During the past ten years, I've seen some pretty scary RFID installations: antennas mounted on plywood, readers screwed into concrete above dock doors, exposed wires, and the list goes on. In this edition of The RFID Network we’re going to take a look at the importance of RFID equipment enclosures.
No matter what kind of environment you’re in, one of the most important accessories required for an RFID solution are mounting brackets and equipment enclosures. The reality is many people don't think about these important items until after everything else is ordered. Not surprisingly, people are focused on readers, antennas, power and cabling. They forget to consider how equipment will be physically incorporated in their operations. Selecting the right enclosure may be as important as choosing the right reader.
What should you consider when shopping for equipment enclosures? Here are several questions to ask:
1. What are the physical installation requirements?
2. Can the enclosure hold the equipment in the position needed for optimal performance?
3. Are there security requirements?
4. What ths cost?
During the past few years, I've seen some pretty scary RFID installations: antennas mounted on plywood, readers screwed into concrete above dock doors, exposed wires, and the list goes on. Take the picture to the right as an example. The antenna is simply clamped to a bollard next to a dock door. There is no protection for the antenna; a simple bump will cause the antenna placement to move which will adversely affect read performance, plus the wires connecting it to the reader are exposed. This is an excellent example of what not to do.
The first consideration is what equipment does it need to hold? Will it house just a single antenna (pictured left), or a complete outfit including multiple antennas, reader, uninterruptible power supply (UPS), program logic controllers (PLC) and wiring? Be sure to carefully calculate dimensions, volume, and weight requirements.
Consider the location where the equipment is be installed. Will the enclosure be sitting on the concrete floor, or be mounted to the wall or even the ceiling? If it's a portal, such as a doorway, will the enclosure protrude into the walkway? In this case, can the enclosure be recessed into the wall? Will the mounting location support the weight for all equipment plus the enclosure weight or is additional structural support needed?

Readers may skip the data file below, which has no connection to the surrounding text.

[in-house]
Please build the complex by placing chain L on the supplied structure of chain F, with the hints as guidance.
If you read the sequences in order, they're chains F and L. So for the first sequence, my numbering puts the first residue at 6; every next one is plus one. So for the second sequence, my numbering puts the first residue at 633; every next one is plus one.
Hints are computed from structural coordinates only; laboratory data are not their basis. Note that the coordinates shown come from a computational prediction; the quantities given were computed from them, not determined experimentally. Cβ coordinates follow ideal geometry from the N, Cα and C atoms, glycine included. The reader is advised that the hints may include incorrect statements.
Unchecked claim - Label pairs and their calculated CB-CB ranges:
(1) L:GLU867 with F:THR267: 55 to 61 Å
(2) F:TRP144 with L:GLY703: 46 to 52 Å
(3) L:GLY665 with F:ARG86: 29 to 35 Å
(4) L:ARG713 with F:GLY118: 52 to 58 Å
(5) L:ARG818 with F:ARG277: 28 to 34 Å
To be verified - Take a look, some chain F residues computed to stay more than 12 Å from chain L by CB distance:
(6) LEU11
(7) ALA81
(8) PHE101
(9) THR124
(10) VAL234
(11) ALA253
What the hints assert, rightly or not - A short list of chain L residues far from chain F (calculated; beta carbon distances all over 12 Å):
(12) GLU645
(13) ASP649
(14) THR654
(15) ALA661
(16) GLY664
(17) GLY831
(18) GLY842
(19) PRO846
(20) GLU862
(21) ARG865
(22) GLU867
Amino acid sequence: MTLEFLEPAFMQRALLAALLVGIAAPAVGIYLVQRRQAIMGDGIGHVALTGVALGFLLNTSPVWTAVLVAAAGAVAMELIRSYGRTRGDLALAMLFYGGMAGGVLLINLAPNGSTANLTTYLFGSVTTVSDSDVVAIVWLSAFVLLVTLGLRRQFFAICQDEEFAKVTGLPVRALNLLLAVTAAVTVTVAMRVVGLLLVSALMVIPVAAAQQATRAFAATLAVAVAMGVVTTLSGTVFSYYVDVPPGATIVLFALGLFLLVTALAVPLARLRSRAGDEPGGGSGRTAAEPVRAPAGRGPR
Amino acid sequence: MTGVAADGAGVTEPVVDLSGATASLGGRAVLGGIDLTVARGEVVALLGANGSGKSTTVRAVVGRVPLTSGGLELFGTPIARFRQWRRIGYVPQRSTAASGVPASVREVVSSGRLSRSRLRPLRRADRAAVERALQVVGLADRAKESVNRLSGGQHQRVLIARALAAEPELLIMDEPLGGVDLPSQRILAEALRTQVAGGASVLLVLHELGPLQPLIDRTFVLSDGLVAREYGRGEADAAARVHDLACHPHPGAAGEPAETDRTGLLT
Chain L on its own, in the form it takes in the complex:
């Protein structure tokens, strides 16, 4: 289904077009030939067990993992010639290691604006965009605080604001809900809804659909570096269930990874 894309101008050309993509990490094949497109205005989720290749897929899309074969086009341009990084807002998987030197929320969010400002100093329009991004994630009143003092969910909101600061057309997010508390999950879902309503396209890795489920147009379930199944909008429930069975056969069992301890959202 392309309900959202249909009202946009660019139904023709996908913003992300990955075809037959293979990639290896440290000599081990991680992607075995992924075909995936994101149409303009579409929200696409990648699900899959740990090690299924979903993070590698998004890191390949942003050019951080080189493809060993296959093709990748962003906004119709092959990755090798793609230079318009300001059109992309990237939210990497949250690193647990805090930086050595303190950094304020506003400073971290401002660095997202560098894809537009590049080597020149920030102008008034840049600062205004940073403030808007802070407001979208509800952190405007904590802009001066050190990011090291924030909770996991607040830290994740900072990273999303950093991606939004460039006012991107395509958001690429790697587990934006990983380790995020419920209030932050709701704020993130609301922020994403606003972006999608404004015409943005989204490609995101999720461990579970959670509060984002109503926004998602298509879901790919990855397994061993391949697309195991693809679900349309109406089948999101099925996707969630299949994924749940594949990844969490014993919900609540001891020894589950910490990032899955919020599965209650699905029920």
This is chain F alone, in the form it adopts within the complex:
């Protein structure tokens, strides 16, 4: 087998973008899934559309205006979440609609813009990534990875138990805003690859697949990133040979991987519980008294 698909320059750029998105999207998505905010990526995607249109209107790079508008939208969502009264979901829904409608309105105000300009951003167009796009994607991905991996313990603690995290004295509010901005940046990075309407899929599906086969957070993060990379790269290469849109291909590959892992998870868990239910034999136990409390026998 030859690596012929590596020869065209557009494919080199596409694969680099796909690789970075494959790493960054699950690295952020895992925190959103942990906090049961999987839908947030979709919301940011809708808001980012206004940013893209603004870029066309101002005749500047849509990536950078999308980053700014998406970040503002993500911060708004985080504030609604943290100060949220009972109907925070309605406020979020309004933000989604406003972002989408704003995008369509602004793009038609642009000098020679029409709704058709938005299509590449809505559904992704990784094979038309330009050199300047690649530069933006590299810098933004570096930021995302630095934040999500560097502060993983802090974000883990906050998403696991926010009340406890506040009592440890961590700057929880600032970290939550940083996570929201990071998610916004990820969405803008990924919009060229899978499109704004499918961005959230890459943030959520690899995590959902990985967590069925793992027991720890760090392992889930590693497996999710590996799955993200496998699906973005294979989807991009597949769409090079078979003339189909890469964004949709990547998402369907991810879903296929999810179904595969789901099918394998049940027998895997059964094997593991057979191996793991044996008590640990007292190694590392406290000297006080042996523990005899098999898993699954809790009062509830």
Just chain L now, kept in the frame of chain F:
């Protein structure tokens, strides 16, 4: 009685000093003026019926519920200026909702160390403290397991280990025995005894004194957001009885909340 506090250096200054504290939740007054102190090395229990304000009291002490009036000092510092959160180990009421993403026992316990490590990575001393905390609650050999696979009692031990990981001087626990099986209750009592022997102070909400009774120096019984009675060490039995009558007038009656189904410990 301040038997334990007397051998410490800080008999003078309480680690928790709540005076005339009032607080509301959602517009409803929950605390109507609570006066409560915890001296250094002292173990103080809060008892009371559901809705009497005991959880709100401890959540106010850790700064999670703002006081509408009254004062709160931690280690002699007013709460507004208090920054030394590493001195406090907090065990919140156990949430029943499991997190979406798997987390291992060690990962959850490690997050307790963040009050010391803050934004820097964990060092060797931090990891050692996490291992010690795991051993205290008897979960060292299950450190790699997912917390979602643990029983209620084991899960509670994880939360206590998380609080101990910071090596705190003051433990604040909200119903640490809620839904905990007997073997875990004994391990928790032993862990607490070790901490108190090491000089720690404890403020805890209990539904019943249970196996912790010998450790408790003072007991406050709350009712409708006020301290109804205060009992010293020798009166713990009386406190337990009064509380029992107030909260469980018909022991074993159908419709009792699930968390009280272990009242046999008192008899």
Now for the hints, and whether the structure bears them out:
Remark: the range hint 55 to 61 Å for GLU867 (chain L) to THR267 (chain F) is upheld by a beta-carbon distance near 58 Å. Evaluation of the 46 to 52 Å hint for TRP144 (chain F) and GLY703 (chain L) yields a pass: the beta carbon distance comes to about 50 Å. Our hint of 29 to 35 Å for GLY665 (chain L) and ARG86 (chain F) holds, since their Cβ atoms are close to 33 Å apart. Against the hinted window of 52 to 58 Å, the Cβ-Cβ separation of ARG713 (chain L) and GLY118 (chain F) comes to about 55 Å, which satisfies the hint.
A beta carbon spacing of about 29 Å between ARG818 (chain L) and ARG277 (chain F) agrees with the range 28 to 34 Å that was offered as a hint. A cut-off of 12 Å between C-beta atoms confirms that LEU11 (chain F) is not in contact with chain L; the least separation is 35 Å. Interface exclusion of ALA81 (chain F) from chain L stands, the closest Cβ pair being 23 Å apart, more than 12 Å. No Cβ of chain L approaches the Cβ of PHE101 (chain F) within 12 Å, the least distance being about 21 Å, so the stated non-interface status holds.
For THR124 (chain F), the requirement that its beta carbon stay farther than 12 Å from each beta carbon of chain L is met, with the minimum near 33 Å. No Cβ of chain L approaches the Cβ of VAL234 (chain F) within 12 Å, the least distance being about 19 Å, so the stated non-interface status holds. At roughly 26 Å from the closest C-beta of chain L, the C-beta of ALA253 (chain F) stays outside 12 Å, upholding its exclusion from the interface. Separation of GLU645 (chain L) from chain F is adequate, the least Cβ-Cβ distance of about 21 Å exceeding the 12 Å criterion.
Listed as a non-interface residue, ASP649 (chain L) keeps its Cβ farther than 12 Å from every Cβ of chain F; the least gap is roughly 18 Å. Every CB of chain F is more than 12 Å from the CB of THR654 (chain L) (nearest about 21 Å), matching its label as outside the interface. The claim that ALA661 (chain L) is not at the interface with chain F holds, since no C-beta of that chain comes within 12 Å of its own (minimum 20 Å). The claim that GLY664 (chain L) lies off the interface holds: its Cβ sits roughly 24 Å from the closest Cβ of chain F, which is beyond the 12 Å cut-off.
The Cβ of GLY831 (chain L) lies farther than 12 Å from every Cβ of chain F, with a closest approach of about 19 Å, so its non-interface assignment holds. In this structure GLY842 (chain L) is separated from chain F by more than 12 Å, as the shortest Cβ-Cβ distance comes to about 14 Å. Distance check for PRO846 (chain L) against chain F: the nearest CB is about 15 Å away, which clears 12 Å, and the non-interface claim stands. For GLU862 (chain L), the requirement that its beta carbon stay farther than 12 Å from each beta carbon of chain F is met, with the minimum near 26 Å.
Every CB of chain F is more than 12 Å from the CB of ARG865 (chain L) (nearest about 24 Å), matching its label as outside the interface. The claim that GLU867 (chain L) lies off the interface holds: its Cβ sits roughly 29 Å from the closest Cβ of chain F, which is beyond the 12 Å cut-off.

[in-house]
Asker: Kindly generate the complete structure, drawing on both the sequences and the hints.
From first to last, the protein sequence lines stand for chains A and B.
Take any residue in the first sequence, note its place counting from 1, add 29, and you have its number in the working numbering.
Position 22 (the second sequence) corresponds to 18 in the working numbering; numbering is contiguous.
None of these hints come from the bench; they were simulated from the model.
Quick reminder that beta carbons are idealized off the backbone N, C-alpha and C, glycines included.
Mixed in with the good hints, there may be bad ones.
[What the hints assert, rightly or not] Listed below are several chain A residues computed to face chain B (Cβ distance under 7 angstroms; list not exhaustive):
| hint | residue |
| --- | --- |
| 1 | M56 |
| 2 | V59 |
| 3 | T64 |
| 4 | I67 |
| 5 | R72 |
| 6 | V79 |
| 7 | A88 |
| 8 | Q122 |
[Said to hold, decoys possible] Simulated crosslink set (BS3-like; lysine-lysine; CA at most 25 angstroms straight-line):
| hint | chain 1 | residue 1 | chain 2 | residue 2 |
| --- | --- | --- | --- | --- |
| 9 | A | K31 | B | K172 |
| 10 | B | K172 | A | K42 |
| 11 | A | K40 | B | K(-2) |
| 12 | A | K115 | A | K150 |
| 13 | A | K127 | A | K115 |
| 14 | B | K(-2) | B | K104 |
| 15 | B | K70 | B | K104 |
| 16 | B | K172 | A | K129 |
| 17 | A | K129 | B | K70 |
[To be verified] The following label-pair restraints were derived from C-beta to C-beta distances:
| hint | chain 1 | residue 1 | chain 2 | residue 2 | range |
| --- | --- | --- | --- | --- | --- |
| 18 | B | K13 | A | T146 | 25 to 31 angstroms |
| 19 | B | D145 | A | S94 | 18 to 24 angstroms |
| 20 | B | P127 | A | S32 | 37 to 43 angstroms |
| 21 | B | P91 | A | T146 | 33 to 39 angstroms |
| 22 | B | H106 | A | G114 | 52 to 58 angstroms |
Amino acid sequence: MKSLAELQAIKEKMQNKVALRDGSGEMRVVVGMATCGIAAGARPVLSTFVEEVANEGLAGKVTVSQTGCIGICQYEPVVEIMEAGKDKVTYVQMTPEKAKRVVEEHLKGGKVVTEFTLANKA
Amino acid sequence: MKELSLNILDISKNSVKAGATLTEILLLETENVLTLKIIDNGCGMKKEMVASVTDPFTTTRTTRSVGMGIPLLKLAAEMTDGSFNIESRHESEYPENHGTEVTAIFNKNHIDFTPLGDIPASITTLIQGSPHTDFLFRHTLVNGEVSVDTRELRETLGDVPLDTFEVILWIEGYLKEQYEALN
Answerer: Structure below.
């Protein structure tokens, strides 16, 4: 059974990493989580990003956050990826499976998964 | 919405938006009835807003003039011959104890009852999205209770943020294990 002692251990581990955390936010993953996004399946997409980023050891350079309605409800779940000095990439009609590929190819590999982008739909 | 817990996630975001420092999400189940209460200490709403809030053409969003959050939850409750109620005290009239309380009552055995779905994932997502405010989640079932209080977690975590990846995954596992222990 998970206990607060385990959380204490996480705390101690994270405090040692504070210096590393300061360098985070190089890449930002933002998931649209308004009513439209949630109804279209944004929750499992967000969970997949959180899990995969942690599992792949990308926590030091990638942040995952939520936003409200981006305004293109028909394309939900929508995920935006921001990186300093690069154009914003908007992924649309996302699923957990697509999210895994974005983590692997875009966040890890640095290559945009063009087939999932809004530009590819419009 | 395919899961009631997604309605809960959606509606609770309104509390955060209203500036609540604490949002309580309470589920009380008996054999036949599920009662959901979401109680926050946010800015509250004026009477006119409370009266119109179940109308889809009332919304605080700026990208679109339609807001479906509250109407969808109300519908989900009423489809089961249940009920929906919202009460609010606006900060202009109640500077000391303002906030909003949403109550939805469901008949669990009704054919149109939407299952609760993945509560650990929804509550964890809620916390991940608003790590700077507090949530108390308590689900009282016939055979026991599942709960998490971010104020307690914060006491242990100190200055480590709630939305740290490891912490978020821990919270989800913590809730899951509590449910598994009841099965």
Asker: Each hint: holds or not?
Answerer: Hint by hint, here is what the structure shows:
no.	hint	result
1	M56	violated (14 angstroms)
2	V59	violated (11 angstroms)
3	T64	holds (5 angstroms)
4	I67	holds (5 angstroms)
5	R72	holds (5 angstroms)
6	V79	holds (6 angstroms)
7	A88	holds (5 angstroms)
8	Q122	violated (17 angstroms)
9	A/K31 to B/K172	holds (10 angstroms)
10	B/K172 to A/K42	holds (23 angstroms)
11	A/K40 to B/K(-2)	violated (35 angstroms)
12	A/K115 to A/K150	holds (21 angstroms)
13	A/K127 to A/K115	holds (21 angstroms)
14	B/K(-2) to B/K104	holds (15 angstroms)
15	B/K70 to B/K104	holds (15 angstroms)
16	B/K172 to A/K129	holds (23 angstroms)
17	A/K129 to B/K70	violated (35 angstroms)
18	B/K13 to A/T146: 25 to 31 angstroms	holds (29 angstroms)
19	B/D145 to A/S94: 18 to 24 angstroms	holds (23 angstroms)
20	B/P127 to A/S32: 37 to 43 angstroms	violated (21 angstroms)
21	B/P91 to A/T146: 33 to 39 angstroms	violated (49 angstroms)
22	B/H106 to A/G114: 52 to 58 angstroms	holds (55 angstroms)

Are there physical appearance requirements? An equipment enclosure for a retail sales floor will undoubtedly have aesthetic requirements not necessary for a stock room. Corporate colors and logos may need to be added.
Does the unit have cable channels and conduits large enough to accommodate all of the wires?
Can it support light indicators, motion sensors, photo-eyes, UPS, PLC, and other accessories that may be needed?
If you are installing hundreds or even thousands of read points, the time and effort required may be enormous. Can one person install the enclosure or does it require multiple people? Some enclosures are so bulky that two strong individuals are needed just to lift it. This can quickly doubles labor costs.
What tools are needed? Special screws require special screw drivers. Try to avoid the having to bring a big tool box to the instllation location. Some enclosures on the market today are tool-less, and use thumbscrews or snap-to-fit components.
How easy is the unit to service once it's installed? How fast can a reader, antenna, or accessory be replaced?
A lot of time and effort can go into the design of a read point. Engineers may determine antennas should be at a specific height and particular angles. If the enclosure cannot accommodate the optimal equipment position, then system performance will ultimately suffer.